Joey Votto is really looking forward to rounding the bases.
The Cincinnati Reds first baseman hasn't hit a homer since June 24 last season, when he connected off Scott Diamond of the Minnesota Twins. He tore cartilage in his left knee while sliding into base and needed two operations to fix the problem, sidelining him for 48 games.
When he returned, the knee wasn't back to full-strength and it showed in his swing. The NL's 2010 MVP was reduced to hitting mostly singles.
He's gotten stronger in the off-season and he's ready to see how the knee holds up when he plays baseball again. He's looking forward to hitting his first home run, "hopefully opening day." The 29-year-old had his physical Friday morning and passed all of his tests.
"They had very positive things to say, but ultimately the real test is on the field," Votto said. "I am just trying to get my legs back to 100 per cent. It's not perfect, but I think that after surgery, my expectations — realistically you're not going to be perfect five months out.
"However, as far as movement, being able to do baseball stuff, hitting, throwing, I feel really good."
He injured the knee sliding into third base in San Francisco on June 29. He played in seven more games before tests found torn cartilage. He had surgery to fix it, then another procedure to remove a piece of cartilage floating in the knee on Aug. 11.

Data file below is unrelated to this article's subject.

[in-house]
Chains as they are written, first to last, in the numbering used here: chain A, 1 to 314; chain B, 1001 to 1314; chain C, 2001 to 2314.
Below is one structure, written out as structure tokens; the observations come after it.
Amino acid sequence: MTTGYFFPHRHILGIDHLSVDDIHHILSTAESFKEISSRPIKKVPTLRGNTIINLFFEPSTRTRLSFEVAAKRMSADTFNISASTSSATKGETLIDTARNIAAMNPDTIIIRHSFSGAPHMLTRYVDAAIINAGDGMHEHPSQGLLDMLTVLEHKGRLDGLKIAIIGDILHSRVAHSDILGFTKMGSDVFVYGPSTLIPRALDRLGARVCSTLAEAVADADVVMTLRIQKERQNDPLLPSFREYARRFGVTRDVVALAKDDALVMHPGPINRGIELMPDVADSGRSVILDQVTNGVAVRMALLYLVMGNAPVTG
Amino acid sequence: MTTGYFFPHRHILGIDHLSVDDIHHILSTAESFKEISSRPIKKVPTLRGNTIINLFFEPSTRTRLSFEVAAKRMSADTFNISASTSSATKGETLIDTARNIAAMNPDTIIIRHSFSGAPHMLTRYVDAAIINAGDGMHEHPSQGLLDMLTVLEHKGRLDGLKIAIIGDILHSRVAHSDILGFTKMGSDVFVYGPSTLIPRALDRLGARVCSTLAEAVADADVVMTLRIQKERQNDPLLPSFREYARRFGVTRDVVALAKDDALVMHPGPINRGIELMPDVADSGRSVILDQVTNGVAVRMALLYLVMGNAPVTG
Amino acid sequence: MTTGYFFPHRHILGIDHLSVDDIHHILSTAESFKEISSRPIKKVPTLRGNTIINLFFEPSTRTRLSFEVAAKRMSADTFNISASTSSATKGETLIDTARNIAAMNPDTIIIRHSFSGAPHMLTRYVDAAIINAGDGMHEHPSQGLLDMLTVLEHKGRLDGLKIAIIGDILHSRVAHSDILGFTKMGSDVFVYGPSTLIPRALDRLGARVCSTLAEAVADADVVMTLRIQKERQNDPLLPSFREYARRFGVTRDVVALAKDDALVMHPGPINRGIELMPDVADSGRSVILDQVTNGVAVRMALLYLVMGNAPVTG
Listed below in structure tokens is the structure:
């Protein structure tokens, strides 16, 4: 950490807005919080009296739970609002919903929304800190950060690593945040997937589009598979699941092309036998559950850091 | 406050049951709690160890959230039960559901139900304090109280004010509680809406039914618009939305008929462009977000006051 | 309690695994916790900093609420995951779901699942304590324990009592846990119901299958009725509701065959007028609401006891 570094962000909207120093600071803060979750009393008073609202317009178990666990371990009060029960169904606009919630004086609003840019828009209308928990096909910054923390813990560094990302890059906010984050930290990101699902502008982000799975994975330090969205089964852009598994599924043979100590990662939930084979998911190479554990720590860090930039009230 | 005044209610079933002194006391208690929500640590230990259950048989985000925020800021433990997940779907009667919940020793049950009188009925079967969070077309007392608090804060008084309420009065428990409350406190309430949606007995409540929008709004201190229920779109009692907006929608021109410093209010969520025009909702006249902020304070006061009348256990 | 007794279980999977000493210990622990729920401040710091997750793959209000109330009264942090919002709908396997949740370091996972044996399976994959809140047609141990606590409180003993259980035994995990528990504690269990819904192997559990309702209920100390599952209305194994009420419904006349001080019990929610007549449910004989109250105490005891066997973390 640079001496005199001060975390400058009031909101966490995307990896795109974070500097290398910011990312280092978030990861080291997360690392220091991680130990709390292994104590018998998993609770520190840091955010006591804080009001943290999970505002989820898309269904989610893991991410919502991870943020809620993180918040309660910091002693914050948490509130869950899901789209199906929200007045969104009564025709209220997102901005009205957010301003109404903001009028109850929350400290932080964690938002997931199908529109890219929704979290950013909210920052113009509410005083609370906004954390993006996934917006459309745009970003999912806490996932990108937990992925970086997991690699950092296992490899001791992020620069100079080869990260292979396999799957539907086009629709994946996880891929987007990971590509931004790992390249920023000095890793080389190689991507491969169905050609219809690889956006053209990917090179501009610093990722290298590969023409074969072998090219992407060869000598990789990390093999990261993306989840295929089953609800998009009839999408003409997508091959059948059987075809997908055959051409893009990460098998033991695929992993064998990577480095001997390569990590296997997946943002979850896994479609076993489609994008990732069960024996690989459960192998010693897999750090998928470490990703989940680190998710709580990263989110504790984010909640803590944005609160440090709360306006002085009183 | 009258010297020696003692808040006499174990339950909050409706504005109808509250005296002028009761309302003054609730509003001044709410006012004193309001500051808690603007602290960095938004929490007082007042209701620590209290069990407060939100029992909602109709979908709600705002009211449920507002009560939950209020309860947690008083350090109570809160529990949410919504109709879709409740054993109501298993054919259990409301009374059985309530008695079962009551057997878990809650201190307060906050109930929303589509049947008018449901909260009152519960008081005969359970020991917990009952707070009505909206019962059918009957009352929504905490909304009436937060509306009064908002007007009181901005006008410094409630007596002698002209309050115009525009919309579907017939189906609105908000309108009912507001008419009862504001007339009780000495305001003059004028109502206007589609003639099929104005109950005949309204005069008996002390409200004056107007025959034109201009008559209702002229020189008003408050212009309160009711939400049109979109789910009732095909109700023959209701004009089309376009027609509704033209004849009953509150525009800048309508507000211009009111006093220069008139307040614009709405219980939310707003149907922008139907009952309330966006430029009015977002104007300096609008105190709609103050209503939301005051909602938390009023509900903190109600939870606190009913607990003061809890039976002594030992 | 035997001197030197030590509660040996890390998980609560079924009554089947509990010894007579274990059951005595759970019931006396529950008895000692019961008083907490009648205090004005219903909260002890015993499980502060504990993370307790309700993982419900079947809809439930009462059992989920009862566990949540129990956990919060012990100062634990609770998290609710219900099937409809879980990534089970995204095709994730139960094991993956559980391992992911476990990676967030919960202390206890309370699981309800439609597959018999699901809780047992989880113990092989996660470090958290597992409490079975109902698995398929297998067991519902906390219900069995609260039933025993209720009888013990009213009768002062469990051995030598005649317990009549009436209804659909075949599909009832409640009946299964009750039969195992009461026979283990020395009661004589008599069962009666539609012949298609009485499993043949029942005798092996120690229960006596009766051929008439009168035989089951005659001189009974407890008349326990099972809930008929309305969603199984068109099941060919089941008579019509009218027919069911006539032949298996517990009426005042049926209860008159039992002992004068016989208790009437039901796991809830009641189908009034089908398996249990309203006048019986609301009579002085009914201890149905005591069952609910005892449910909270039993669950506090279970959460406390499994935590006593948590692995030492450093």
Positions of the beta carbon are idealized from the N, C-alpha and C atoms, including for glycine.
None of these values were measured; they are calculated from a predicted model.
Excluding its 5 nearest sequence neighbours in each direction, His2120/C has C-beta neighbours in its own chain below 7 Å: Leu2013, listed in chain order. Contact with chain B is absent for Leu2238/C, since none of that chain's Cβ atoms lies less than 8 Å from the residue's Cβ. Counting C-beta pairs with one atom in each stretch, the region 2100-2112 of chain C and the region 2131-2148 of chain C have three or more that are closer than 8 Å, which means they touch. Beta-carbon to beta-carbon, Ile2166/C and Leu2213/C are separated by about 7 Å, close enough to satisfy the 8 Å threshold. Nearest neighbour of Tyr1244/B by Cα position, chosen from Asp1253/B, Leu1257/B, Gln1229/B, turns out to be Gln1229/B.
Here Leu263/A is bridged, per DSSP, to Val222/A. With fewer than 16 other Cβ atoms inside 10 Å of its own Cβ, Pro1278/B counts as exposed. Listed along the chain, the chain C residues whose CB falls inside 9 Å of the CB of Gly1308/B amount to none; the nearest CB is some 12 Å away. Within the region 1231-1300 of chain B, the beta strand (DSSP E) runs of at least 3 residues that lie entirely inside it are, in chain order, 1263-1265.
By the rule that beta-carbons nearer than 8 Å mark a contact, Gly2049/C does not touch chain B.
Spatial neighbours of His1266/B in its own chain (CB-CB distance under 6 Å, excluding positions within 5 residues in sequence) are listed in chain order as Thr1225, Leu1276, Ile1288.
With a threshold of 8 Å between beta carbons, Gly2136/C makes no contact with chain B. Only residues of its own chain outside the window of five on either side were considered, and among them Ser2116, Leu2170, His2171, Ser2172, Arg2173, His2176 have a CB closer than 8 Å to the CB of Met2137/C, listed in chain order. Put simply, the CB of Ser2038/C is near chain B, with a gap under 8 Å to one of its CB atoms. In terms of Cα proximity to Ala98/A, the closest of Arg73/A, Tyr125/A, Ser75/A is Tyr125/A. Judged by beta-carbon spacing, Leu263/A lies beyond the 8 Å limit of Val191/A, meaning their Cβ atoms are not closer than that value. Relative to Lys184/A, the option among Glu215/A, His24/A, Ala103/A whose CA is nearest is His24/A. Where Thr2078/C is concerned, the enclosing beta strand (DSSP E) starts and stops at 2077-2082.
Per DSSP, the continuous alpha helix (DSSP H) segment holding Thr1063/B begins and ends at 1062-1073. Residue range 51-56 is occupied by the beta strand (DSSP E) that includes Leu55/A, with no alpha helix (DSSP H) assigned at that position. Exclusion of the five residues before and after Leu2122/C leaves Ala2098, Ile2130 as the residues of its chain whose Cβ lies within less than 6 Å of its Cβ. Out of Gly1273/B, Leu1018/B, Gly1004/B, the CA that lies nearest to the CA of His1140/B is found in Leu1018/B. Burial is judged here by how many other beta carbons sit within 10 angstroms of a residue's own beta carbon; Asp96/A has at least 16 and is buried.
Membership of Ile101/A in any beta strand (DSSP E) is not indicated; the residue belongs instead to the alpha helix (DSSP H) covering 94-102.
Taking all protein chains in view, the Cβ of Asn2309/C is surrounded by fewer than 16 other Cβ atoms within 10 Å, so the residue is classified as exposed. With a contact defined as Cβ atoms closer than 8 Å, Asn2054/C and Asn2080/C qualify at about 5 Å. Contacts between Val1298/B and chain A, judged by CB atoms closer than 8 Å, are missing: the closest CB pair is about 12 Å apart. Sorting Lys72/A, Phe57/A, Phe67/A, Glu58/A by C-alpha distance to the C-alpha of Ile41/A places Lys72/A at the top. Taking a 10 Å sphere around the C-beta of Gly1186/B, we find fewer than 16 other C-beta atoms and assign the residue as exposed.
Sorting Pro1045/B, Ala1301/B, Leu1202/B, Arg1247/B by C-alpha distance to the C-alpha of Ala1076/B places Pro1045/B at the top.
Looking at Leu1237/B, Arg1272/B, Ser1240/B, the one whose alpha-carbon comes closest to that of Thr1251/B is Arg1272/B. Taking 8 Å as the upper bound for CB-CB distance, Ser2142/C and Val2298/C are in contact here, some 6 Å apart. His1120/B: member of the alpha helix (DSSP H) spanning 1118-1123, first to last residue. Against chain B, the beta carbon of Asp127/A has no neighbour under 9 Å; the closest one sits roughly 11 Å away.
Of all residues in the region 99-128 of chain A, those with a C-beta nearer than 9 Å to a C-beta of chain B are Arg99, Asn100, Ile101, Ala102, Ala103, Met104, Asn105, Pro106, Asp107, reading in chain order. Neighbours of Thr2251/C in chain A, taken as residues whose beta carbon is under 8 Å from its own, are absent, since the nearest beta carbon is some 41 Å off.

Votto had never been seriously injured until last season.
"I have sympathy. People's injuries resonate with me more because of my experience," he said. "It probably made me a better teammate. It made me more aware of my body and its limitations, no matter how good I'm feeling."
Votto knew he would be limited when he returned. Unable to push off his left leg as much as normal, he became more of a singles hitter. Pitches that he would drive into the gaps when healthy never made it to the wall.
"I knew what I could and couldn't do," Votto said. "I tried to make the most of it. Despite the lack of power, I was pretty proud of what I did do."
Before his injury, Votto was on pace to hit 66 doubles. The major league record is 67 set by Earl Webb of Boston in 1931. In the last 25 games of the season, Votto hit .316 with eight doubles. He hit .389 in the division series against San Francisco, but all seven of his hits were singles.
He finished with 44 doubles, just seven shy of the Reds team record held by Frank Robinson in 1962 and Pete Rose in 1978.
Votto still led the National League with a .474 on-base-percentage, but fell 27 plate appearances short of qualifying for the NL batting crown. He finished with a .337 average, while NL batting champion Buster Posey hit .336.
Even at less than full-strength, he helped the Reds clinch their second NL Central title in three seasons. They lost to San Francisco in the opening round.
Votto would like to get to the point where his knee is no longer an issue.
"I personally would like to feel like it is less in the forefront of me doing my job," he said.
Votto also would like to play for Canada in the World Baseball Classic. A native of Toronto, he played in the 2009 Classic. He planned to talk to the team's medical staff and front office about it.
"Ultimately, it should be a group decision," Votto said. "I'd like to play. Certainly spring training is too long this year. Why not?"